A view of a destroyed civilian evacuation car on March 31, 2022, in Stoyanka, Ukraine. (Photo by Anastasia Vlasova/Getty Images)

Tech CISO Andrew Smeaton was on vacation last February when he heard the news that Russia had invaded Ukraine. Compelled to take action, Smeaton flew to Poland, where he set up an operations center to help safely usher his colleagues — who were working at his company’s offices in Kyiv — across the border.

Upon hearing that one particular individual and his family were struggling to make it out, Smeaton made the impromptu decision to acquire a vehicle, drive into Ukrainian territory and rescue the stranded party — despite the threat of a possible Russian military attack at any time.

Prior to presenting at CyberRisk Alliance’s 2022 InfoSec World conference, Smeaton told SC Media in an interview that his past experience as a security professional — planning for and responding to threats or crises — came in quite handy throughout the operation.

Regarding the mission, “there were a lot of [infosec] skills that made it successful,” said Smeaton. “We did meticulous… communications planning. We supplied satellite phones, we did testing for satellite phones, we tested for different scenarios. And then on the day itself, [knowing to take] the back roads — don’t go through the main supply routes. There were so many things I look back and it was just second nature,” as a CISO.

Other key lessons gleaned from being a CISO included procuring resources as soon as possible before critical supplies ran low, and keeping your emotions in check, despite the gut-wrenching scenes unfolding in Ukraine. Even in profiling his own team members, “I knew which ones… could really help me in a situation like this and which of the people are going to be too emotional and not really going be able to help,” Smeaton said.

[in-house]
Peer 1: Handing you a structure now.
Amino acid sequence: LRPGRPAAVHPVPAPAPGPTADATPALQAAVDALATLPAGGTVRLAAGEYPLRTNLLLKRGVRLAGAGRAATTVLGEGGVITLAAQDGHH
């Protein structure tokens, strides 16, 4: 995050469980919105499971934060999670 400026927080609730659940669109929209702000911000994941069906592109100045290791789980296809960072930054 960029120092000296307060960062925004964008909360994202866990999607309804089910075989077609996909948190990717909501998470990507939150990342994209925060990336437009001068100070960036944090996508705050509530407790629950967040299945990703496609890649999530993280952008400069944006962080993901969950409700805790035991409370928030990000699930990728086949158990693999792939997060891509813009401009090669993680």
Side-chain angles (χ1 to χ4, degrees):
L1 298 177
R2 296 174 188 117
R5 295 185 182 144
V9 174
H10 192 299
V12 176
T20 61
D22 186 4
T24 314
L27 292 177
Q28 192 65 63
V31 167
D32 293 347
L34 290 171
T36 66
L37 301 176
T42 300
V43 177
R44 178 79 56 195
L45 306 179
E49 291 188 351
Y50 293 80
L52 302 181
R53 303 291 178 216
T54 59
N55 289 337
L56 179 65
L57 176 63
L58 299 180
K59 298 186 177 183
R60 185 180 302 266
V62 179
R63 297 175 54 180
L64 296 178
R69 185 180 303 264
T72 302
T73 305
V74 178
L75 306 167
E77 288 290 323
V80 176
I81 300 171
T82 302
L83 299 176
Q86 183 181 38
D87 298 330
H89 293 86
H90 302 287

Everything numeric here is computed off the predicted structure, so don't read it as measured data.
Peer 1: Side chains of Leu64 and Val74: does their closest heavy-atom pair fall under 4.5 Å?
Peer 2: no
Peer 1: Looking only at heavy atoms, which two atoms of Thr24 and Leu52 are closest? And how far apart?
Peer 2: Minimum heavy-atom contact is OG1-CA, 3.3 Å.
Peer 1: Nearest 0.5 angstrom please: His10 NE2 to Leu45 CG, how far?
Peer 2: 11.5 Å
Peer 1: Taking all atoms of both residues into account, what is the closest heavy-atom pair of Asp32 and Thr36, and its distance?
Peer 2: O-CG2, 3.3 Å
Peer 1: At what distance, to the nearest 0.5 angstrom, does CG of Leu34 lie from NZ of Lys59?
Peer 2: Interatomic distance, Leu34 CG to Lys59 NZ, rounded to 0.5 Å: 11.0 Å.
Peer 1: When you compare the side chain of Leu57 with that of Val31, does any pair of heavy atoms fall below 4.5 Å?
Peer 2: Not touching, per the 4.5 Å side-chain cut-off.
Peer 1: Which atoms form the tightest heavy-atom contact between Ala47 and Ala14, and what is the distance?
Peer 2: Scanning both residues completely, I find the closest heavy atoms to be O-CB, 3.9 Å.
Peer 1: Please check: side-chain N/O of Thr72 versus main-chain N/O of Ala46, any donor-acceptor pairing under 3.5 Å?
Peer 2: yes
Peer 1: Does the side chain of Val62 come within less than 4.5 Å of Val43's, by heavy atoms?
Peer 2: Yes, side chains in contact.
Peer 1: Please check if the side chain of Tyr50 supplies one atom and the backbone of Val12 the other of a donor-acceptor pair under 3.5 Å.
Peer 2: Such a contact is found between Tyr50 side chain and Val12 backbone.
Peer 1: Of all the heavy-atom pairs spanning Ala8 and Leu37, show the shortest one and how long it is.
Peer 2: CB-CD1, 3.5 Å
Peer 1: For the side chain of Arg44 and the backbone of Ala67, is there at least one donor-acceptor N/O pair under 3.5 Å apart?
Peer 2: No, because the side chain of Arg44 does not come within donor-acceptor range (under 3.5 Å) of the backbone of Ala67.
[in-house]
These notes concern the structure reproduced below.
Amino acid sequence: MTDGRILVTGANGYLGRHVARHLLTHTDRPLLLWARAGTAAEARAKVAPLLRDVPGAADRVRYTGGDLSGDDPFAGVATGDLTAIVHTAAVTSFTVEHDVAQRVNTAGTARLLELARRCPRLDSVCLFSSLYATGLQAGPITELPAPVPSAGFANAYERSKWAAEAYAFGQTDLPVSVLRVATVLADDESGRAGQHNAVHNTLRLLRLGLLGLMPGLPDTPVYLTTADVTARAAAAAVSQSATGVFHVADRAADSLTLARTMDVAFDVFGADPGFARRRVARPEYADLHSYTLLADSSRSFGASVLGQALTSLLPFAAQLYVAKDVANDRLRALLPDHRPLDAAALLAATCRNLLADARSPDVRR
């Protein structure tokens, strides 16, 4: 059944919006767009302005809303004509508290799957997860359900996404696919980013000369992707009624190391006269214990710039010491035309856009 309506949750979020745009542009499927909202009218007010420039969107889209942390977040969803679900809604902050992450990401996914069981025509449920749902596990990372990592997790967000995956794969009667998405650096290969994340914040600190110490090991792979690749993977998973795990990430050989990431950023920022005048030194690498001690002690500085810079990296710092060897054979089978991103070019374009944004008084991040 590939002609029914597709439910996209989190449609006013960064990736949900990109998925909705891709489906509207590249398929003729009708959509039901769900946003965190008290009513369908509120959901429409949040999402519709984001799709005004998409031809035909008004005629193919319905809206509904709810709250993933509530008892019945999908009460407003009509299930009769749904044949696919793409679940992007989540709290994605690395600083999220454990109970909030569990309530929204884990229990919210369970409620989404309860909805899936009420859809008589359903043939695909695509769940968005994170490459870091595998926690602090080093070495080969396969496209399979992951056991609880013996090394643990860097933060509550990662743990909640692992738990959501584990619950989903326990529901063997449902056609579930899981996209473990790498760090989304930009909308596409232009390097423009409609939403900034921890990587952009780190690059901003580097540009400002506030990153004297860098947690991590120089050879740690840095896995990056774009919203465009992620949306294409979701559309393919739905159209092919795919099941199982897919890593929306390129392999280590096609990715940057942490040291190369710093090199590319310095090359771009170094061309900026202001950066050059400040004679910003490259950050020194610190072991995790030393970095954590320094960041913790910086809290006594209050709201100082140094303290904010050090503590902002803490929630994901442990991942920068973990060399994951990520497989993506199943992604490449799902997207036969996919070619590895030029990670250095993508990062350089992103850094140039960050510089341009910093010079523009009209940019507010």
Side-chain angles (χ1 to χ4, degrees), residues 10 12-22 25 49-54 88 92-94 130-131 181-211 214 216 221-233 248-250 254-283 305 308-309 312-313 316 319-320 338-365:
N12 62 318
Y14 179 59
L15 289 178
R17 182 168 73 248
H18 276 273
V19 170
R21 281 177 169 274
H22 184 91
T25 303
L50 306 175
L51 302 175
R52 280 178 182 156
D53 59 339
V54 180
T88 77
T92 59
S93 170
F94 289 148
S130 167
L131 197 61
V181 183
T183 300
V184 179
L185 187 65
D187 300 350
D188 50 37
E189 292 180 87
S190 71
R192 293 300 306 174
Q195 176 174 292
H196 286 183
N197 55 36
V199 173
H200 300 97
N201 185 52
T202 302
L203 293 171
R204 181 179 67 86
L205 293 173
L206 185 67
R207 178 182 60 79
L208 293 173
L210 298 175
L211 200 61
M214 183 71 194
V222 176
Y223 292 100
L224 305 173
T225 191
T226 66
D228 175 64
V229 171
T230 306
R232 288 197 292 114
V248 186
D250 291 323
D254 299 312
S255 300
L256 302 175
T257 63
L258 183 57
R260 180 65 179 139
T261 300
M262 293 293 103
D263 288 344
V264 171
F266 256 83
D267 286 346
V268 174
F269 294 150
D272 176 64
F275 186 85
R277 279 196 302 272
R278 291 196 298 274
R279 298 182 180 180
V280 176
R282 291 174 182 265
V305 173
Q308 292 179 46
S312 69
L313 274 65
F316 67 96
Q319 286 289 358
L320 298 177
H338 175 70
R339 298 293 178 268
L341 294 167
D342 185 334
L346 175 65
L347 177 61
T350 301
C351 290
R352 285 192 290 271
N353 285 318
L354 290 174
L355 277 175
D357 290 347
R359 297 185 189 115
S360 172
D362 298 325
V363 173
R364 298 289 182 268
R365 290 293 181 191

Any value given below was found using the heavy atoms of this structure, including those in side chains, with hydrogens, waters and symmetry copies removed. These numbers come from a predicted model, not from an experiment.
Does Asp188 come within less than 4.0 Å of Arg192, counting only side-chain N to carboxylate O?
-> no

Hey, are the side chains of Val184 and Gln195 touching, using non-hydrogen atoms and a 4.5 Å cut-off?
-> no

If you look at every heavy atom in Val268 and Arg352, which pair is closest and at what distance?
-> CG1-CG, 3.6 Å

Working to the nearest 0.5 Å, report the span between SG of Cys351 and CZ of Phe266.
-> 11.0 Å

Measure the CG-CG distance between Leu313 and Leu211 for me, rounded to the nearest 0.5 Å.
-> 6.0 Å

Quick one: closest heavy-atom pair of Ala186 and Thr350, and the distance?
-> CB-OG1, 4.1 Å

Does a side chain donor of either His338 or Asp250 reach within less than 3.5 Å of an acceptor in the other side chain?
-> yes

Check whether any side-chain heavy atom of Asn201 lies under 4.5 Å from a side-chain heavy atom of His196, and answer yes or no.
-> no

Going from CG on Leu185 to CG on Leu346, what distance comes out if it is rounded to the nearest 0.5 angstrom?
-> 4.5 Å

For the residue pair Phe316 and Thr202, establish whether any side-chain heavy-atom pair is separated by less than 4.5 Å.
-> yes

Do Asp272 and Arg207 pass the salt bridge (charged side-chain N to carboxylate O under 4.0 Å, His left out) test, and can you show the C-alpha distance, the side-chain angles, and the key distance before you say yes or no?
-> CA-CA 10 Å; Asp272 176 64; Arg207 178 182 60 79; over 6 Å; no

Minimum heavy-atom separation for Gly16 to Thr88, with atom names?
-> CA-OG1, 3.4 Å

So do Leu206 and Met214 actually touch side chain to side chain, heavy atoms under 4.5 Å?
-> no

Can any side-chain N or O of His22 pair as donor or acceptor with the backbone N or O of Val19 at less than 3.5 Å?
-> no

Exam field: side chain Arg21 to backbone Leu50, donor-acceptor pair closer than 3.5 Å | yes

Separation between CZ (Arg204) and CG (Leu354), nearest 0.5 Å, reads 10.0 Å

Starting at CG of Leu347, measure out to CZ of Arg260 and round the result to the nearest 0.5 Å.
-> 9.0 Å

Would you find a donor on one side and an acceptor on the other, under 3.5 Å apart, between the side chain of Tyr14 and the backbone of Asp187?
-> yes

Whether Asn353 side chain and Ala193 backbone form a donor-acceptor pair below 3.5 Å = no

To hear more about Smeaton’s riveting, white-knuckle rescue mission in Ukraine, watch the embedded video below.

Additionally, Smeaton is encouraging everyone to find a way to help suffering Ukrainians as the conflict continues.

“There are a tremendous amount of… really good charities,” said Smeaton, encouraging donations. “A lot of these refugees have flooded into Poland and to Ireland and America, and if you can help in any way whatsoever and bring families in — or offer a room, or offer a dinner, or offer some friendship, or give…money,” that could truly make a positive impact on these individuals whose lives have been turned upside-down.

In the early days of the exodus operation, “I said to everyone who was helping me, ‘We’re not going to fix this. We can’t fix the tremendous destruction that Russia has done. But what we can do is just give a little sliver of light… that will make a big difference in people lives,’” said Smeaton. “So my ask is, if you can help in any way, just give people a little bit of light, a little bit of hope.”